We are what we repeatedly do.
This chapter takes a closer look at communication in the context of organizational culture and behavior. More specifically, it discusses how your role as an effective communicator contributes to the organizational culture and climate on a micro and macro level. As you read this chapter, reflect on your work environments—past and present—and consider how both you and your colleagues have contributed to the organizational culture and climate through direct intentional acts or through acts of omission as they relate to communication.
IN THE DRIVER’S SEAT: DEFINING ORGANIZATIONAL CULTURE AND BEHAVIOR
By itself, culture refers to characteristics historically shared by a group of people. Culture can be self-determined or defined by outsiders looking in. Everyone belongs to numerous cultures and subcultures. Because people are so complex and culturally integrated, attempts to neatly place individuals into distinct categories when working toward organizational progress are both impractical and ineffective. In contrast, organizational culture can be defined by all the life experiences, strengths, weaknesses, education, upbringing, and so forth of an organization’s executives and employees. As for cultural behavior, it describes one aspect of social traditions used to shape environmental and group values. It pertains to how people and groups in organizations behave. It also considers the role of organizational systems, structures, and processes in shaping behavior to understand how organizations really work.
Although executive leaders play a significant role in defining organizational culture through their actions and leadership, all employees contribute to the organizational culture.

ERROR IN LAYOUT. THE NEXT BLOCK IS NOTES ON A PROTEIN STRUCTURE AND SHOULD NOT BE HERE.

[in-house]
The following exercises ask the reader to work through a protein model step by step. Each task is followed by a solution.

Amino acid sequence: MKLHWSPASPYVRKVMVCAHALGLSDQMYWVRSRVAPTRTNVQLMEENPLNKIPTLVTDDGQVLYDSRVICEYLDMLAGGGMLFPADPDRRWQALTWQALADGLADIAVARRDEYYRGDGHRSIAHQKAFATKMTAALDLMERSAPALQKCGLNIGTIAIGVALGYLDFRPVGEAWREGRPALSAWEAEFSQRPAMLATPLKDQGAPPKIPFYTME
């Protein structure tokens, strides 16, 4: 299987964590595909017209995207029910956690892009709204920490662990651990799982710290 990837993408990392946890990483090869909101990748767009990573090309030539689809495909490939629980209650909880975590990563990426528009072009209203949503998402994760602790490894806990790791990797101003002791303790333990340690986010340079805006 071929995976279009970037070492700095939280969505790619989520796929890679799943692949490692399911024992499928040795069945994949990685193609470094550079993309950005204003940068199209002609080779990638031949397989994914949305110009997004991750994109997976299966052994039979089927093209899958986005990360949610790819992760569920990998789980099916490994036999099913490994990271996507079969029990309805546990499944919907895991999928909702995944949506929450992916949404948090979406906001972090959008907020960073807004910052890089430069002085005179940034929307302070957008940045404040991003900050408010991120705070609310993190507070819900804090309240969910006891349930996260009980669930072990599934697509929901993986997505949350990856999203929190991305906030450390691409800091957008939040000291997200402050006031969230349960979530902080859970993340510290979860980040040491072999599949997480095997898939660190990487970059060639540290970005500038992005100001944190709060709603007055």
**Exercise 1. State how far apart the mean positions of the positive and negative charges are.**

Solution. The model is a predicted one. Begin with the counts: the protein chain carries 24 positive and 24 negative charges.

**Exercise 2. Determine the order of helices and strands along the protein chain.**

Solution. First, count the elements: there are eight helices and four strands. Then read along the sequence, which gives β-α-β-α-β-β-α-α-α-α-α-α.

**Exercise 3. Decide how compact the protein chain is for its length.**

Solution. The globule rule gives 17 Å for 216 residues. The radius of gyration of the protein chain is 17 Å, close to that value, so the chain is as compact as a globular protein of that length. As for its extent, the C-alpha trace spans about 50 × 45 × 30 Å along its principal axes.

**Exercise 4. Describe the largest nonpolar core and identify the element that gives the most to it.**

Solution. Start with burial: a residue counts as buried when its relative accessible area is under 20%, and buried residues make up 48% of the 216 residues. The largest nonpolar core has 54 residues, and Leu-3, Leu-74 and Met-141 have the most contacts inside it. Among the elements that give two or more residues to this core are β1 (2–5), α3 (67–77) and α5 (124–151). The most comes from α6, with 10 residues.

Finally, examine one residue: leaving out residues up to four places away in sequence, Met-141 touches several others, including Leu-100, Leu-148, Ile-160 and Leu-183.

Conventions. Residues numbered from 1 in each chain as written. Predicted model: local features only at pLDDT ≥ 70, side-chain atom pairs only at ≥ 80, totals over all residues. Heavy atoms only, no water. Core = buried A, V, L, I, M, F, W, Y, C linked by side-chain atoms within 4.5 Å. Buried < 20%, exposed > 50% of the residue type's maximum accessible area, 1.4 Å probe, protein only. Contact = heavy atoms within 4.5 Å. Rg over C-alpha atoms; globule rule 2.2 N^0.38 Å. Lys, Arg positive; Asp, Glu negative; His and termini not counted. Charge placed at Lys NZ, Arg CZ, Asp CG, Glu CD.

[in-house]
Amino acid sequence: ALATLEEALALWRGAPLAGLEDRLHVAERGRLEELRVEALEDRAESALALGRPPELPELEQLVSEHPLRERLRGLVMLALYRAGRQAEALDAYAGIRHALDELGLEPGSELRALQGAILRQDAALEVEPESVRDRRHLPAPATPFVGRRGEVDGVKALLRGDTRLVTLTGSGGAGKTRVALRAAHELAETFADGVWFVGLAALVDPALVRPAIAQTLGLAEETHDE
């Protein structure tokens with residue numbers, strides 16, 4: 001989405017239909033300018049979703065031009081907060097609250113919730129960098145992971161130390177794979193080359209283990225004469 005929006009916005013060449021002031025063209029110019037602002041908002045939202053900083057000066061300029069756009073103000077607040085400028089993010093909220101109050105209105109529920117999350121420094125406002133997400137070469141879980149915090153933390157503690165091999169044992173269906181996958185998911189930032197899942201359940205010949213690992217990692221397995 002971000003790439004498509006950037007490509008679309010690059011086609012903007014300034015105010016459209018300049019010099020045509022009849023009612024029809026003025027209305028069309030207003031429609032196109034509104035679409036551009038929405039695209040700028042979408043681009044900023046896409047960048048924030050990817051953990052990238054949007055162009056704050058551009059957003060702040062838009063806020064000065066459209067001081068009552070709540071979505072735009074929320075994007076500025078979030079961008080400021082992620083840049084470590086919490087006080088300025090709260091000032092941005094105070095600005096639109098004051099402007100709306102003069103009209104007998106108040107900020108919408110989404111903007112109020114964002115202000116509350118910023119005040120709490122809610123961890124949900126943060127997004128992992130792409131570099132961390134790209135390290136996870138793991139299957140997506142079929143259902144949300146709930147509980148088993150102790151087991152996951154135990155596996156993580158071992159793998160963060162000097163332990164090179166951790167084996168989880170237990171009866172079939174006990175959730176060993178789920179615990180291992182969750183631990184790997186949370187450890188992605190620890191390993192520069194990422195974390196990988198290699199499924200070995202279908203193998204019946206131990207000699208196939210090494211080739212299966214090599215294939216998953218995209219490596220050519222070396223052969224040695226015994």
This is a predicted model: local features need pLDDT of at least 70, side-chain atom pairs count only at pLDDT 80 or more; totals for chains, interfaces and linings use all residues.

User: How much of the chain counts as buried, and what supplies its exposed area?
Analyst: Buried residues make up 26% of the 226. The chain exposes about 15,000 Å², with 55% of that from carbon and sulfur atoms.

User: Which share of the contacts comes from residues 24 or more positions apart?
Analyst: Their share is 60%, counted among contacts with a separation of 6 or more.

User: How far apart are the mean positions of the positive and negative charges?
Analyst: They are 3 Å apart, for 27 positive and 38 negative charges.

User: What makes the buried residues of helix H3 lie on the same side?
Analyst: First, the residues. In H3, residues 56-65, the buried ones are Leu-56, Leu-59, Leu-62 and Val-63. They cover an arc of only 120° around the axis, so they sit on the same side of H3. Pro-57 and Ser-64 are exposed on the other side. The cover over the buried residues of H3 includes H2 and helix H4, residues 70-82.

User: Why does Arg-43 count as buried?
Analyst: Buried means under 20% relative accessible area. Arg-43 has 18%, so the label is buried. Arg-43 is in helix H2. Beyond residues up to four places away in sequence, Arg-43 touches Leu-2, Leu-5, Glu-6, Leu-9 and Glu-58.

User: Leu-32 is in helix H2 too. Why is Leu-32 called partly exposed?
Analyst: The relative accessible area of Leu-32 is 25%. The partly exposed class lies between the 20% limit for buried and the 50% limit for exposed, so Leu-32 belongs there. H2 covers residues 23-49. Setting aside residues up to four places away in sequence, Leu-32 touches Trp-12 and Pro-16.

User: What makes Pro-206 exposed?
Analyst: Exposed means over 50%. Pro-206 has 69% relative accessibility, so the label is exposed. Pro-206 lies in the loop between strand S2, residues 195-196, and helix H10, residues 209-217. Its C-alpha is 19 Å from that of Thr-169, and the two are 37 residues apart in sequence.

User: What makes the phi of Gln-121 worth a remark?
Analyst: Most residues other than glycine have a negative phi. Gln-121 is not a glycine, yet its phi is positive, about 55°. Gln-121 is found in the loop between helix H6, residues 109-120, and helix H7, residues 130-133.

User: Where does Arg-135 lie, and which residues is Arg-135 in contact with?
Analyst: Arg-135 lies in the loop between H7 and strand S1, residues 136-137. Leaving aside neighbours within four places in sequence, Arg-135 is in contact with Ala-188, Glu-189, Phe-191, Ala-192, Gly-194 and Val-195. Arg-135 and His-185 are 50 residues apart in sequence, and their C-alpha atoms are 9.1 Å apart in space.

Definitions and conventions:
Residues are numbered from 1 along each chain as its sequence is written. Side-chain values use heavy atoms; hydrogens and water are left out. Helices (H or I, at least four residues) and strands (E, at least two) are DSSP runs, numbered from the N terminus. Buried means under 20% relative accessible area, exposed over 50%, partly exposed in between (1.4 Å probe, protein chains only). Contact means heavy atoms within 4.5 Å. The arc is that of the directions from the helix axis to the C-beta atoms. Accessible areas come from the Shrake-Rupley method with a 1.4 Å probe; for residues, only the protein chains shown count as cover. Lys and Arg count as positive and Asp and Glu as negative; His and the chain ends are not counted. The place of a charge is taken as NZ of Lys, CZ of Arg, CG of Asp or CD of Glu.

Organizational culture and behavior have a direct effect on efficiency, patient outcomes, patient experience, and the financial bottom line. A positive culture begets positive outcomes, including staff engagement, fair-mindedness, energy, team spirit, and inventiveness.
Every organizational culture has both visible and invisible values. Examples of visible values may include symbols, customs, formalities, language, structures, clothing, technology, and history. Invisible values include beliefs, decision-making trends, administrative support (or lack thereof), rules, procedures, and responses to change.
I have worked in small and large organizations among racially and ethnically homogenous and heterogeneous groups. What I have gleaned from these experiences is that organizational culture and behavior have less to do with race and ethnicity than they do with the distribution of power and control. This in turn influences communication within the organization.
Most nurses seek a clear-cut methodology for making decisions and taking action. However, a fear of failure can stifle our potentially courageous attempts at doing what we consider correct, especially as it relates to organizational culture. Often, an organization’s culture can lure us into doing things the way they’ve always been done to stay within the organization’s norms—even though we know it’s not the best choice. That was the case for a small rural hospital that had a labor and delivery unit, a postpartum unit, ...